In 648, Tang dynasty emperor Tang Taizong sent Wang Xuance to India in response to emperor Harsha having sent an ambassador to China. However once in India he discovered Harsha had died and the new king Aluonashun (supposedly Arun?sva) attacked Wang and his 30 mounted subordinates.[15] This led to Wang Xuance escaping to Tibet,[16] also secured a reported Buddhist relic for China.[17] He fought back to India with Tibet and Licchavi force, during the war, an apocryphal story written many centuries later, it's claimed that the new king was among the captives during Wang Xuance's attack. [18][19]


"King Harsha pays homage to Buddha", a 20th-century artist's imagination

Like many other ancient Indian rulers, Harsha was eclectic in his religious views and practices. His seals describe his ancestors as sun-worshippers, his elder brother as a Buddhist, and himself as a Shaivite. His land grant inscriptions describe him as Parama-maheshvara (supreme devotee of Shiva), and his play Nagananda is dedicated to Shiva's consort Gauri. His court poet Bana also describes him as a Shaivite.[20]

According to the Chinese Buddhist traveller Xuanzang, Harsha was a devout Buddhist. Xuanzang states that Harsha banned animal slaughter for food, and built monasteries at the places visited by Gautama Buddha. He erected several thousand 100-feet highs stupas on the banks of the Ganges River, and built well-maintained hospices for travellers and poor people on highways across India. He organized an annual assembly of global scholars and bestowed charitable alms on them. Every five years, he held a great assembly called Moksha. Xuanzang also describes a 21-day religious festival organized by Harsha in Kannauj; during this festival, Harsha and his subordinate kings performed daily rituals before a life-sized golden statue of the Buddha.[20]

Since Harsha's own records describe him as Shaivite, his conversion to Buddhism would have happened, if at all, in the latter part of his life. Even Xuanzang states that Harsha patronised scholars of all religions, not just Buddhist monks.[20]

Literary Prowess

Harsha is widely believed to be the author of three Sanskrit plays Ratnavali, Nagananda and Priyadarsika.[21] While some believe (e.g., Mammata in Kavyaprakasha) that it was Bana, Harsha's court poet who wrote the plays as a paid commission, Wendy Doniger is "persuaded, however, that king Harsha really wrote the plays ... himself."[21]

In popular culture

A 1928 Indian silent film, Samrat Shiladitya, about the emperor was directed by Mohan Dayaram Bhavnani.[22]

See also


  1. ^ CNG Coins
  2. ^ India: History, Religion, Vision and Contribution to the World, by Alexander P. Varghese p.26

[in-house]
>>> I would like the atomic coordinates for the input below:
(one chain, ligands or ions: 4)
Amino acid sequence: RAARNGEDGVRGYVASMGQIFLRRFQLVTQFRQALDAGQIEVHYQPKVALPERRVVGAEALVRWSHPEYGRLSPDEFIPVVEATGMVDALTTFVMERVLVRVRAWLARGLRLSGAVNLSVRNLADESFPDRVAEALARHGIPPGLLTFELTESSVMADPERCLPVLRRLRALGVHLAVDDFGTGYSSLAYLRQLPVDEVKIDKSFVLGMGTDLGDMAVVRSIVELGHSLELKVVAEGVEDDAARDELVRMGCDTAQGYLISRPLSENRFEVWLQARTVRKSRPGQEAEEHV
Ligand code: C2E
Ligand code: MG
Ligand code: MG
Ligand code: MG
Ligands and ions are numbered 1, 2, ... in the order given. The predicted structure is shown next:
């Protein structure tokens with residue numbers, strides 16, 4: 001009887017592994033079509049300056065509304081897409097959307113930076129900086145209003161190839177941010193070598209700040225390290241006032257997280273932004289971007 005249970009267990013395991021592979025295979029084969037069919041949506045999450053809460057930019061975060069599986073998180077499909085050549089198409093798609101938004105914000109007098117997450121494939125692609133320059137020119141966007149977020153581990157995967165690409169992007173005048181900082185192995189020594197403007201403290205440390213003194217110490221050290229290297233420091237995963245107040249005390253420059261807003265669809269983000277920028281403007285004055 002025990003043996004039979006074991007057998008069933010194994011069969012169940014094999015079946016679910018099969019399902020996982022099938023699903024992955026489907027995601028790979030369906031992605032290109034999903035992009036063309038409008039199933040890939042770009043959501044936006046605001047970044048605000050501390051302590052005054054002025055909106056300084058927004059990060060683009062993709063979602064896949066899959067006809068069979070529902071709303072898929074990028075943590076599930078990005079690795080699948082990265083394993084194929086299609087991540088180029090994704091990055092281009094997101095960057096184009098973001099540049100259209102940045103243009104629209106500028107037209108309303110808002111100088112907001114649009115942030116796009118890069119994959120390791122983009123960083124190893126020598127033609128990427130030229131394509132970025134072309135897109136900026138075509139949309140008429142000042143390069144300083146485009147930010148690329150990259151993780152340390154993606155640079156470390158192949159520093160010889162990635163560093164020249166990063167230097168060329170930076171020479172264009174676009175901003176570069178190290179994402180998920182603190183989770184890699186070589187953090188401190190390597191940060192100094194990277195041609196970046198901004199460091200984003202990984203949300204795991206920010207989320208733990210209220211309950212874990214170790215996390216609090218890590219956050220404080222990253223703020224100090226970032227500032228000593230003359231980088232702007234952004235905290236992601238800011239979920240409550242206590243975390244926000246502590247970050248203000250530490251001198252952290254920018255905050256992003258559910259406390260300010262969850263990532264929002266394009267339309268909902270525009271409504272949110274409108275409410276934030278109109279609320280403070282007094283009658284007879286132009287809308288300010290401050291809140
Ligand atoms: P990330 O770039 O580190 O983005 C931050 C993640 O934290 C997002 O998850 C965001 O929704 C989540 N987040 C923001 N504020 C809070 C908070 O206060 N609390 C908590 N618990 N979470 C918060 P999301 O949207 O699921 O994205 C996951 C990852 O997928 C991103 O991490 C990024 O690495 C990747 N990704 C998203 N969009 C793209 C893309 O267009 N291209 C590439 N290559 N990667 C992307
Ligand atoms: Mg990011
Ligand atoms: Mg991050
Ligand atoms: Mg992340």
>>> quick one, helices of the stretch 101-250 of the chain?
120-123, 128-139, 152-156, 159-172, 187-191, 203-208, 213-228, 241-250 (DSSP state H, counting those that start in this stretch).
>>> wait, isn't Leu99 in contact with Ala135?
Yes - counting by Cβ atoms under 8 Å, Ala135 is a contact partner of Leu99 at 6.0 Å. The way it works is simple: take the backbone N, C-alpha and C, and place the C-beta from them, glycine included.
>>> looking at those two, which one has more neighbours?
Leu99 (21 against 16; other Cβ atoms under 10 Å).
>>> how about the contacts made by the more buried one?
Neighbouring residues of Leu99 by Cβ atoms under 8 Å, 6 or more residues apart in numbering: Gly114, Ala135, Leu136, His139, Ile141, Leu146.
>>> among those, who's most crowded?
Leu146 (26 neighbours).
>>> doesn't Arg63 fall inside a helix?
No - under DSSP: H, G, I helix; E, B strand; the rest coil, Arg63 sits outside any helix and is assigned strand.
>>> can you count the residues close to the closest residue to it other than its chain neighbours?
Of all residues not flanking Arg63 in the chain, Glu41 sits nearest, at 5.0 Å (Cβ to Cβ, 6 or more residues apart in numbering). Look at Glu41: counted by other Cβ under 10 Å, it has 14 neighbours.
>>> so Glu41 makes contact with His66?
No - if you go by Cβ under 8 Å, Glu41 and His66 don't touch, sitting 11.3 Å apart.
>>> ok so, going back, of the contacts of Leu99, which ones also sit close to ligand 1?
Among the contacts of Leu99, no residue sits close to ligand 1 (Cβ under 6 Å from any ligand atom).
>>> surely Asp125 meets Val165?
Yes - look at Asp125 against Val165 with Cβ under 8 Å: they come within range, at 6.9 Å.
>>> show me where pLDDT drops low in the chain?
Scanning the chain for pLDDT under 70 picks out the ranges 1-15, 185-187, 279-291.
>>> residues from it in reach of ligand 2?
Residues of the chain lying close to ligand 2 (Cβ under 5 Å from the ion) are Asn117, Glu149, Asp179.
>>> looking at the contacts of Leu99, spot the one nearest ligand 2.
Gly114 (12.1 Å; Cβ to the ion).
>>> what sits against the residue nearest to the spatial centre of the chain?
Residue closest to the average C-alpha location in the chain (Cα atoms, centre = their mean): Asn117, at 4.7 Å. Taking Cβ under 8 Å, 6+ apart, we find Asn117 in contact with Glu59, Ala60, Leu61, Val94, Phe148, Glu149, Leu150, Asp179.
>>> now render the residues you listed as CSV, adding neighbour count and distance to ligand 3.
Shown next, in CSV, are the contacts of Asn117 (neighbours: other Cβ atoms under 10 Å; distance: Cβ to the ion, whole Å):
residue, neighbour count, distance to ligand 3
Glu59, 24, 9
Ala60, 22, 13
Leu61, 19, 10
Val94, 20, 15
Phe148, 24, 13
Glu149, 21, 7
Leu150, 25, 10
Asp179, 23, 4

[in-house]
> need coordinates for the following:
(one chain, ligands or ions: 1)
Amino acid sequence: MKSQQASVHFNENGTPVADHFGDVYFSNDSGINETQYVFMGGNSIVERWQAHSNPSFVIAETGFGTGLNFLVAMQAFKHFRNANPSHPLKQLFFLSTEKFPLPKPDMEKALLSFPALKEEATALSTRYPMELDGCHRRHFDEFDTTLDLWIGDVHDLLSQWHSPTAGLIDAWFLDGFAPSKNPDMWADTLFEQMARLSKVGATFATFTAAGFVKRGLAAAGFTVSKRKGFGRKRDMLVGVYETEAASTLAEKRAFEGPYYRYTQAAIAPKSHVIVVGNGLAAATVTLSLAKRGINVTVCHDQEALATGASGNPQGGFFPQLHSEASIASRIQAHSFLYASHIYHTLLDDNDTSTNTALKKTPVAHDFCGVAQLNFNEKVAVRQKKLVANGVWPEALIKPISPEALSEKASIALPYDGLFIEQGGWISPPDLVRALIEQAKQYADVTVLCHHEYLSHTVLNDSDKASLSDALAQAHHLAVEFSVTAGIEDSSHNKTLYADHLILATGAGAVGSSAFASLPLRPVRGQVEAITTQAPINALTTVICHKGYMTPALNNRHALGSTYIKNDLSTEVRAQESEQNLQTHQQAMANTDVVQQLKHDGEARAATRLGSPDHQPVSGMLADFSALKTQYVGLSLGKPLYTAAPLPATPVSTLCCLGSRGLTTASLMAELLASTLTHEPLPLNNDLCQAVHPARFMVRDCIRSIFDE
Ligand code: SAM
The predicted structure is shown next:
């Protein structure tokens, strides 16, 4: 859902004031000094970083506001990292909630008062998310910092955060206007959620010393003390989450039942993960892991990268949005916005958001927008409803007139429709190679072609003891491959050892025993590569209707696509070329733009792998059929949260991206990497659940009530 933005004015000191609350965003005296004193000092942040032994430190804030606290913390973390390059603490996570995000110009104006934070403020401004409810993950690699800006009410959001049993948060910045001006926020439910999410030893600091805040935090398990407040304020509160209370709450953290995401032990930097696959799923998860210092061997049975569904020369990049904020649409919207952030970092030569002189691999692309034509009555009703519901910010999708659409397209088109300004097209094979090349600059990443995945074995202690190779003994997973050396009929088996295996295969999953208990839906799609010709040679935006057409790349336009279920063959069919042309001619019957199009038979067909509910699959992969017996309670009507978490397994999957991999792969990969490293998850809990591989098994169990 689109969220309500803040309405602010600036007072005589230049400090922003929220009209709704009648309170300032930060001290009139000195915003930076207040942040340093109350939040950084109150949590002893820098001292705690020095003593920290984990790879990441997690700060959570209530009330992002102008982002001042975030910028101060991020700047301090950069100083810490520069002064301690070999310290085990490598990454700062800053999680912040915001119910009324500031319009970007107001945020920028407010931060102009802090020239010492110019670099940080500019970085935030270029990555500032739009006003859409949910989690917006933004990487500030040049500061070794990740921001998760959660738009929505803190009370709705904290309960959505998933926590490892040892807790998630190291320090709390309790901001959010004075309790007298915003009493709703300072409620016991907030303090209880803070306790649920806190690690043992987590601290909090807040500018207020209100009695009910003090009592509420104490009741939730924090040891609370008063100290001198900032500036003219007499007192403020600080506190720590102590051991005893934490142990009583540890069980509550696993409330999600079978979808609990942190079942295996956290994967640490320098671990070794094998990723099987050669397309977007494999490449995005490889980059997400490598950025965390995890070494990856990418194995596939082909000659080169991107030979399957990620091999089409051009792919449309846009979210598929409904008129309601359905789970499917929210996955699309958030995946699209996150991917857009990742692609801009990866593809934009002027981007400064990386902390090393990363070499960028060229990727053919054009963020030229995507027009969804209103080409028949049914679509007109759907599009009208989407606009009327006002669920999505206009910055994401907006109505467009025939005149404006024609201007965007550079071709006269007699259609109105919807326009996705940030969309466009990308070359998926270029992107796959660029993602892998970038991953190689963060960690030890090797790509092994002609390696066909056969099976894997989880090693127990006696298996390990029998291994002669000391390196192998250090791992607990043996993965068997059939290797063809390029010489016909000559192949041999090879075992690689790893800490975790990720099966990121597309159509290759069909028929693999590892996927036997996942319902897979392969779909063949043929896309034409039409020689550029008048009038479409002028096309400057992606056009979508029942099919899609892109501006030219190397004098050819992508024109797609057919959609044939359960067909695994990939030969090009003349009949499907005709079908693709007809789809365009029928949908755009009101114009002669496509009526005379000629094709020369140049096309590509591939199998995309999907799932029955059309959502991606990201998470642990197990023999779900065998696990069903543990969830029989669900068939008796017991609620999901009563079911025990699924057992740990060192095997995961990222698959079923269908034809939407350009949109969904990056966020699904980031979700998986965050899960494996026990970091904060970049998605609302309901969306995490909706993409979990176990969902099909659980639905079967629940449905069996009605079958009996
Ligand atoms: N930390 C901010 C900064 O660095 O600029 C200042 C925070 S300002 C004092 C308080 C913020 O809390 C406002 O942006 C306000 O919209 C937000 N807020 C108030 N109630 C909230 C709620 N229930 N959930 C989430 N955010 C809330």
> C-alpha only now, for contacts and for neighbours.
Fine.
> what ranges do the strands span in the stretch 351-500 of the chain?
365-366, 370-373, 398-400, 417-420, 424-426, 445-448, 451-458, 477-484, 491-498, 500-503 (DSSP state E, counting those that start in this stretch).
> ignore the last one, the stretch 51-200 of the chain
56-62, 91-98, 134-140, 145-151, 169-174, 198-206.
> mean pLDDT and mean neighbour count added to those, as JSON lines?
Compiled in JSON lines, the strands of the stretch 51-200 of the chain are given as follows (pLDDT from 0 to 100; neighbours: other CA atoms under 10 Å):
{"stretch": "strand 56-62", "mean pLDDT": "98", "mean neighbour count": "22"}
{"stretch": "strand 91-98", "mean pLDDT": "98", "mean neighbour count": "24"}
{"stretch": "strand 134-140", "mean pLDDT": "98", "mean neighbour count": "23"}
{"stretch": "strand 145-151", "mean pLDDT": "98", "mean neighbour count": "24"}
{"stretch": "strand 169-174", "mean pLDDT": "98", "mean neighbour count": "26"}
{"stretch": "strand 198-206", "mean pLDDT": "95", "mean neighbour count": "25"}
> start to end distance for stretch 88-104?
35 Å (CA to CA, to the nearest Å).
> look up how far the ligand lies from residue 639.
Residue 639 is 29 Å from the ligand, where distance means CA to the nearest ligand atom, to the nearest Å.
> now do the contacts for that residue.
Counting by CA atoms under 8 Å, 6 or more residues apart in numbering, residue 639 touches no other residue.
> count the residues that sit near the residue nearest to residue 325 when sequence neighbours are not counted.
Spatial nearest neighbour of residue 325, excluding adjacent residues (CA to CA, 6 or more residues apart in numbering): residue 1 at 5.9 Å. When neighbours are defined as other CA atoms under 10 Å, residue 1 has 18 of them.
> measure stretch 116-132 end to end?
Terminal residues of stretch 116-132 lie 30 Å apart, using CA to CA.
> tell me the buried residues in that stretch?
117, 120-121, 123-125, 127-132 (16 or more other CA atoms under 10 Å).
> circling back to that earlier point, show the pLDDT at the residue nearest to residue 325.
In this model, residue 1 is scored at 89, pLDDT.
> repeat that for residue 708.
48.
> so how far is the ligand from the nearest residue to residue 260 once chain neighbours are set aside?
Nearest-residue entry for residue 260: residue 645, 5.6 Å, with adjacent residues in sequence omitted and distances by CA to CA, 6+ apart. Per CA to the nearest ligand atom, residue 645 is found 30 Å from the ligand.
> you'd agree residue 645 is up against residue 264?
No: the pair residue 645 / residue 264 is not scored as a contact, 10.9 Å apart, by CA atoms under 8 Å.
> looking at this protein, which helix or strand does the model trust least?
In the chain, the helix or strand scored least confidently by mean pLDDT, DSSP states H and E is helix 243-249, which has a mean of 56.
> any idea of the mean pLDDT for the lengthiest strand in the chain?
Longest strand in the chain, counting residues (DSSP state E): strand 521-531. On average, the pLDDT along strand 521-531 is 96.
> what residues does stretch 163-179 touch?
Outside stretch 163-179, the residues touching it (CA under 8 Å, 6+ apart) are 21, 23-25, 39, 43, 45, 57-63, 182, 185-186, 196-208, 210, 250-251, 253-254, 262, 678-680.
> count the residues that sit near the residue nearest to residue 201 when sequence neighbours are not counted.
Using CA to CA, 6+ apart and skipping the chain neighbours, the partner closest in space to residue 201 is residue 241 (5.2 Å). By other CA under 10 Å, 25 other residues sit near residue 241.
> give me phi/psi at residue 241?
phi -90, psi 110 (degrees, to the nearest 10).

3. ^ a b c d e International Dictionary of Historic Places: Asia and Oceania by Trudy Ring, Robert M. Salkin, Sharon La Boda p.507
  4. ^ Ancient India by Ramesh Chandra Majumdar p.274
  5. ^ Vasudeva Sharana Agrawala (1969). The deeds of Harsha: being a cultural study of Ba's Harshacharita. Prithivi Prakashan. p. 118.
  6. ^ Harsha Charitra by Banabhatt
  7. ^ Legislative Elite in India: A Study in Political Socialization by Prabhu Datta Sharma, Publ. Legislators 1984, p32
  8. ^ Revival of Buddhism in Modern India by Deodas Liluji Ramteke, Publ Deep & Deep, 1983, p19
  9. ^ Some Aspects of Ancient Indian History and Culture by Upendra Thakur, Publ. Abhinav Publications, 1974,
  10. ^ Shankar Goyal (2006). Harsha, a multidisciplinary political study. Kusumanjali. p. 122.
  11. ^ K. P. Jayaswal (1934). An Imperial History Of India.
  12. ^ Bindeshwari Prasad Sinha (1977). Dynastic History of Magadha, Cir. 450-1200 A.D. Abhinav. p. 151.
  13. ^ "Pulakeshin's victory over Harsha was in 618 AD". The Hindu. 25 April 2016. p. 9.
  14. ^ "Study unravels nuances of classical Indian history". The Times of India". Pune. 23 April 2016. p. 3.
  15. ^ Bennett, Matthew (1998). The Hutchinson Dictionary of Ancient & Medieval Warfare. Chicago: Fitzroy Dearborn Publishers. p. 336. ISBN 978-1-57958-116-9.
  16. ^ Sen, Tansen (2003). Buddhism, Diplomacy, and Trade: The Realignment of Sino-Indian Relations. Honolulu: University of Hawaii Press. p. 23. ISBN 978-0-8248-2593-5.
  17. ^ Chen, Jinhua (2002). "?ar?ra and Scepter. Empress Wu's Political Use of Buddhist Relics". The Journal of the International Association of Buddhist Studies. International Association of Buddhist Studies: 45.
  18. ^ Henry Yule (1915). Cathay and the Way Thither, Being a Collection of Medieval Notices of China. Asian Educational Services. pp. 69-. ISBN 978-81-206-1966-1.
  19. ^ Odorico (da Pordenone); Rash?d al-D?n ?ab?b; Francesco Balducci Pegolotti; Joannes de Marignolis; Ibn Batuta (1998). Cathay and the Way Thither: Preliminary essay on the intercourse between China and the western nations previous to the discovery of the Cape route. Munshiram Manoharlal Publishers Pvt. Ltd. p. 69.
  20. ^ a b c Abraham Eraly (2011). The First Spring: The Golden Age of India. Penguin Books India. p. 86. ISBN 978-0-670-08478-4.
  21. ^ a b Harsha (2006). "The Lady of the Jewel Necklace" and "The Lady who Shows Her Love". Translated by Wendy Doniger. New York University Press. p. 18.
  22. ^ Ashish Rajadhyaksha; Paul Willemen (10 July 2014). Encyclopedia of Indian Cinema. Taylor & Francis. p. 43. ISBN 978-1-135-94325-7.

Further reading